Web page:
Tag Archives: Russian comics

Allies and Disability Representation in Contemporary Russian Comics

José Alaniz

University of Washington, Seattle

Note: all translations are the author’s own.


Corrections Class (Klass korrektsii, d. Ivan Tverdovsky, 2015) is a hard-hitting film about disability in Russia. In one scene, a mother, Svetlana Viktorovna (Natalya Pavlenkova), struggles to push her paraplegic teen daughter Lena (Maria Poyezhayeva) in her wheelchair up a two-track cement ramp outside her high school. But the ramp, which we had seen in the process of construction earlier in the movie, has a fatal flaw: a gap of several inches between it and the sidewalk – too wide for a wheelchair to overcome. Worse than useless, the ramp is a spit in the face, a bureaucratic nod to inclusivity with no actual follow-through. It drives Svetlana Viktorovna, who has more than enough troubles in her life, to hiss with rage: “Thank you very much, my dears. Great job.”[1] Equal parts maudlin melodrama, documentary exposé and black farce, the scene is not exactly fiction (though the film is). It had a real-life basis.

In the fall of 2012, a popular series of memes emerged on the Runet (Russian internet): pictures of the many inaccessible spaces for wheelchair-users in Russian cities, turned into absurdist set decoration by ramps built impossibly steep; ramps with trees and other objects blocking the way; broken ramps with wide cracks; and ramps leading to/from nowhere (e.g., into walls). “The inaccessible-ramps meme gained popularity not as [a] representation of the problem of disability inclusion in Russia,” wrote anthropologist Cassandra Hartblay, “but as a joke about the country’s infrastructure, ironic evidence of dysfunction in Russian daily life” (“Good”: 3).[2] Hartblay goes on to call the ramps “an overdetermined symbol, or a red herring for access” in postsocialism (“Good”: 4).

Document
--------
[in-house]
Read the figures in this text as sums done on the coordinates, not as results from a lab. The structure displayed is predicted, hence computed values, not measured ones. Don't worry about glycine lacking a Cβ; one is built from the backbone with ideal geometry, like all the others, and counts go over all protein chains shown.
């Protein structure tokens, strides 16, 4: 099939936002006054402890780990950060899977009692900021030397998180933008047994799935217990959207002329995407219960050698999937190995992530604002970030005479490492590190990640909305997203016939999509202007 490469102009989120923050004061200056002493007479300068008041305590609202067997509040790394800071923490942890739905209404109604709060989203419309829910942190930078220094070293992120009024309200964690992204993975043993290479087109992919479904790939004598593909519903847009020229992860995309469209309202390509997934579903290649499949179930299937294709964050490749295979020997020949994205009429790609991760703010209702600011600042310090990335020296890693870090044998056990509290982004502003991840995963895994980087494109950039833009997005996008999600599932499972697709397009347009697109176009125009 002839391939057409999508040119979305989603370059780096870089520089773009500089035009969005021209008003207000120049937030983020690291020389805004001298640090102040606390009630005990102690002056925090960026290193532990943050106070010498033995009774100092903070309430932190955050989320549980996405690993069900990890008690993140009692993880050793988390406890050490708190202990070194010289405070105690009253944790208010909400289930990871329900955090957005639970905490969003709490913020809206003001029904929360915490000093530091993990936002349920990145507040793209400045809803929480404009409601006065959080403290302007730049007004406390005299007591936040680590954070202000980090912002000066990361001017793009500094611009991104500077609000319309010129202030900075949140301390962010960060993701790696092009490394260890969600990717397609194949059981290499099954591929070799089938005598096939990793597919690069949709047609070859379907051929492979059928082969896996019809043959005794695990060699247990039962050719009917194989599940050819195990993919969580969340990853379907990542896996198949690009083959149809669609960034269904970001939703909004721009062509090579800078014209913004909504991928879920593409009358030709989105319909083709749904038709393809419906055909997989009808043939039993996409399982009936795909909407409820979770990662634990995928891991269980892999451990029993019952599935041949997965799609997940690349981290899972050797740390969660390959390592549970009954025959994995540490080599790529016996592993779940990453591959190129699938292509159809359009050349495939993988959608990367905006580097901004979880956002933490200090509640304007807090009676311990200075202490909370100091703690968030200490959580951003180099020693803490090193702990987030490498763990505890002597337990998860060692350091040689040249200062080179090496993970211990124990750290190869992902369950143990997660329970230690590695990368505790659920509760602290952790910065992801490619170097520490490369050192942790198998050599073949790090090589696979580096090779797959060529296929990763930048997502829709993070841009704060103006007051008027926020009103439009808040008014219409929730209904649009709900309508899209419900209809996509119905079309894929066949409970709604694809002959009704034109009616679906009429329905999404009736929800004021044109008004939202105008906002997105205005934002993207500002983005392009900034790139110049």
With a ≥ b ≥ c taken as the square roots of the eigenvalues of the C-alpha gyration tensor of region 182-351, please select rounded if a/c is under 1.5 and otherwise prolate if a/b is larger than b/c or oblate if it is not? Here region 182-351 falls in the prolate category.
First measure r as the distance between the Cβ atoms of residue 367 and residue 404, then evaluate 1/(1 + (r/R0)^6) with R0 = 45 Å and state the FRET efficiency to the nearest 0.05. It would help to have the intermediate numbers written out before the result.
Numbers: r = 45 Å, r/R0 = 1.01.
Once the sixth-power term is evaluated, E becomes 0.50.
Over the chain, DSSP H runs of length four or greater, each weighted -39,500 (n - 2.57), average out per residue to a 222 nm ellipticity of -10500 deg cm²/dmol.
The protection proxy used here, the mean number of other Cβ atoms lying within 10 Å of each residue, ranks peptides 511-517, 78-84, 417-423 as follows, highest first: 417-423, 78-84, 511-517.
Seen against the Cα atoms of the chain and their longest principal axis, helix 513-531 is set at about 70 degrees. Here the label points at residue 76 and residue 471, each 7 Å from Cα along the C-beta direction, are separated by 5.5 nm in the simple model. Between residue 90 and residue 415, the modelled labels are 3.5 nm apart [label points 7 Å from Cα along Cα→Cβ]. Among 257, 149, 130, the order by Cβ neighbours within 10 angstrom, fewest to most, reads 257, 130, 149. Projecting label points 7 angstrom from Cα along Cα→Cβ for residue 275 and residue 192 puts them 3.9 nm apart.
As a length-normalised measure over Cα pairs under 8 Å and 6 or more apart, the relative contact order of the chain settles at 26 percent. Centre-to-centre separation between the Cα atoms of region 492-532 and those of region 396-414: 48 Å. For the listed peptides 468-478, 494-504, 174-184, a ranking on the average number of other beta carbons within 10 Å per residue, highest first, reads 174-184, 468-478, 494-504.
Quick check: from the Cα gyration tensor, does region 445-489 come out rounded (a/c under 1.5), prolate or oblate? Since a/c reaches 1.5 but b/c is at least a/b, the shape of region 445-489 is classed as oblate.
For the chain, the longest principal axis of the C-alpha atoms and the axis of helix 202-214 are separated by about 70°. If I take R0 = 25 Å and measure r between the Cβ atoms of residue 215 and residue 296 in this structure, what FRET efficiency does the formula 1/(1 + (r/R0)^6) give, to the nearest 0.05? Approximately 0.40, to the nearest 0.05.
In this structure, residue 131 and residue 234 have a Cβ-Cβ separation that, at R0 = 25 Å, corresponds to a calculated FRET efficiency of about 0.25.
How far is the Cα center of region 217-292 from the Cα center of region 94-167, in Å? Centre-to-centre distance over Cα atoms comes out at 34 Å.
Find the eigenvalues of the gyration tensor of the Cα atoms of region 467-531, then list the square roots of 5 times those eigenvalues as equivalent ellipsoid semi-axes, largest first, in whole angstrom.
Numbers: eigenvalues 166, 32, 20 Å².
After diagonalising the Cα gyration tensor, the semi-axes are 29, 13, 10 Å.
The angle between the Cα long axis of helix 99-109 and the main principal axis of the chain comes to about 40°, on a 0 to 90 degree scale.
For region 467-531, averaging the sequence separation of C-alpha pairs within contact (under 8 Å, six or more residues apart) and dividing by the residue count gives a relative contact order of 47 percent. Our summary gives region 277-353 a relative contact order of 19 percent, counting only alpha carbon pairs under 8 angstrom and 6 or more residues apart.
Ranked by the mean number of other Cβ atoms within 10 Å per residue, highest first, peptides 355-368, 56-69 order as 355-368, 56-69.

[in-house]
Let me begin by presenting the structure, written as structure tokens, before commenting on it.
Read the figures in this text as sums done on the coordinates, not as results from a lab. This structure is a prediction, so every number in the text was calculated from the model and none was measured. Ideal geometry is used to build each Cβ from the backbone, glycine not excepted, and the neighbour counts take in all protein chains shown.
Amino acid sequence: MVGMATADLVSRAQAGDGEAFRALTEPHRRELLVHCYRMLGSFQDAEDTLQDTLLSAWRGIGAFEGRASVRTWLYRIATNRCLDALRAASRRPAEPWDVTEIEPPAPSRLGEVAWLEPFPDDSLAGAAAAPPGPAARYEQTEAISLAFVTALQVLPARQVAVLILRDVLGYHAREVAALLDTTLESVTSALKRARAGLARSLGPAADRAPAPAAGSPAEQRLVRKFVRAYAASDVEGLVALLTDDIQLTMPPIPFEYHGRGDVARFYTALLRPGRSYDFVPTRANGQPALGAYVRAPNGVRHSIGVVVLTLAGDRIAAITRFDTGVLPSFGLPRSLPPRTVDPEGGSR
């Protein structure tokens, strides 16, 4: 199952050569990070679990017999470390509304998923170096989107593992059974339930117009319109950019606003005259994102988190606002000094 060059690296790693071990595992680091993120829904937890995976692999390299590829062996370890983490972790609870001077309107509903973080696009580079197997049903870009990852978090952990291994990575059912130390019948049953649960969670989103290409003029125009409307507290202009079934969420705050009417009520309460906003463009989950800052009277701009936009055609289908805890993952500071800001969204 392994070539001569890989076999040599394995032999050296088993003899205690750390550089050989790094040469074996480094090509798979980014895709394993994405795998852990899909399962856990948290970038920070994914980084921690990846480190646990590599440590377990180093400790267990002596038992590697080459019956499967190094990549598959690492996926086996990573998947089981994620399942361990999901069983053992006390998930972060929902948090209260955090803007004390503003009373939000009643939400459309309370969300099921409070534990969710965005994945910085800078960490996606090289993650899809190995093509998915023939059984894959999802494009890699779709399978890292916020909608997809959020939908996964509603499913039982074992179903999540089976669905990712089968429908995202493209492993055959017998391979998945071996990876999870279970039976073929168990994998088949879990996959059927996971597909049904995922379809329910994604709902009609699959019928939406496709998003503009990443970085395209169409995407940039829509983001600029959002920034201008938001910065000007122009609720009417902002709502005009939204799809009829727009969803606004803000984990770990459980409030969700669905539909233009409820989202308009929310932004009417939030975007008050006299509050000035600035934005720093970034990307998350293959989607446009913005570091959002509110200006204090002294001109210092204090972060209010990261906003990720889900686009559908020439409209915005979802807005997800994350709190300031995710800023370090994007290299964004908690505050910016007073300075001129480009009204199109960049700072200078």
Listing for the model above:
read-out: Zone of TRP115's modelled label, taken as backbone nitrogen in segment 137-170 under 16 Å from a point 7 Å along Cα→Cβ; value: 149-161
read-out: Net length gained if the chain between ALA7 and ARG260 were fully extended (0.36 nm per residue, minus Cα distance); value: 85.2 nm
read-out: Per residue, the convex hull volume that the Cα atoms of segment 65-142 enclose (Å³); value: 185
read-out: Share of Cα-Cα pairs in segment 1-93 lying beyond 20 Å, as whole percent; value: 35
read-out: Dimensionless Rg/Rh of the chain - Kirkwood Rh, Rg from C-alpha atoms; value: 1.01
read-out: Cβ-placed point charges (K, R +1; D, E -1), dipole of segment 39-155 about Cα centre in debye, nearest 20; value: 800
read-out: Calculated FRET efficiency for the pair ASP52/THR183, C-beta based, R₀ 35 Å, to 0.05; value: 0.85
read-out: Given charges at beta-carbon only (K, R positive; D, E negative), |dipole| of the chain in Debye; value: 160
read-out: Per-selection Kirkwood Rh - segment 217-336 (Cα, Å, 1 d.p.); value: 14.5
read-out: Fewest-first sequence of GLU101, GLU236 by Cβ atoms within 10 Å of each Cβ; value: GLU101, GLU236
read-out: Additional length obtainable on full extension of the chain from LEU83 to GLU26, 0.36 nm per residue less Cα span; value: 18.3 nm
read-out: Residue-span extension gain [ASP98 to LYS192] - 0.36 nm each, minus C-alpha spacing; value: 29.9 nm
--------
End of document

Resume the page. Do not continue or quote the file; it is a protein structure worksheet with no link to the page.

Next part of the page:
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Introducing Russian Comic Artists by Maria Evdokimova

This is the final instalment of a three-part series on Russian comics by Maria Evdokimova. See here for part 1, “The History of Russian Comics: An Interview with Misha Zaslavskiy” and here for part 2 “What comics are published and read in Russia?”

From “pictured stories” to comics

Plenty of contemporary Russian comic authors – particularly those who are in their mid-30s and whose childhood was spent in the USSR – consider Soviet illustrators and authors of “pictured stories” (the Soviet term for comics) their teachers. Soviet artists like Egeniy Migunov, Gennadiy Kalinovskiy, Genrich Valk, and Gennadiy Novozhilov created caricatures, illustrations, and animated cartoons that have become classics. The new generation of artists has grown up under the influence of their works.

At the same time, the influence of foreign artists was considerable. The French comic magazine Pif was very popular in the USSR. This magazine used to be sold in foreign literature aisles of book stores, and certain stories were issued in the magazine Nauka I zhizn (Science and Life). Another source of inspiration was Hergé’s Tintin. As a child, artist Roman Surzhenko used to be fond of the popular stories about Petya the Red-Head by Ivan Semyonov, and he assumes that those stories were influenced by the Tintin comics.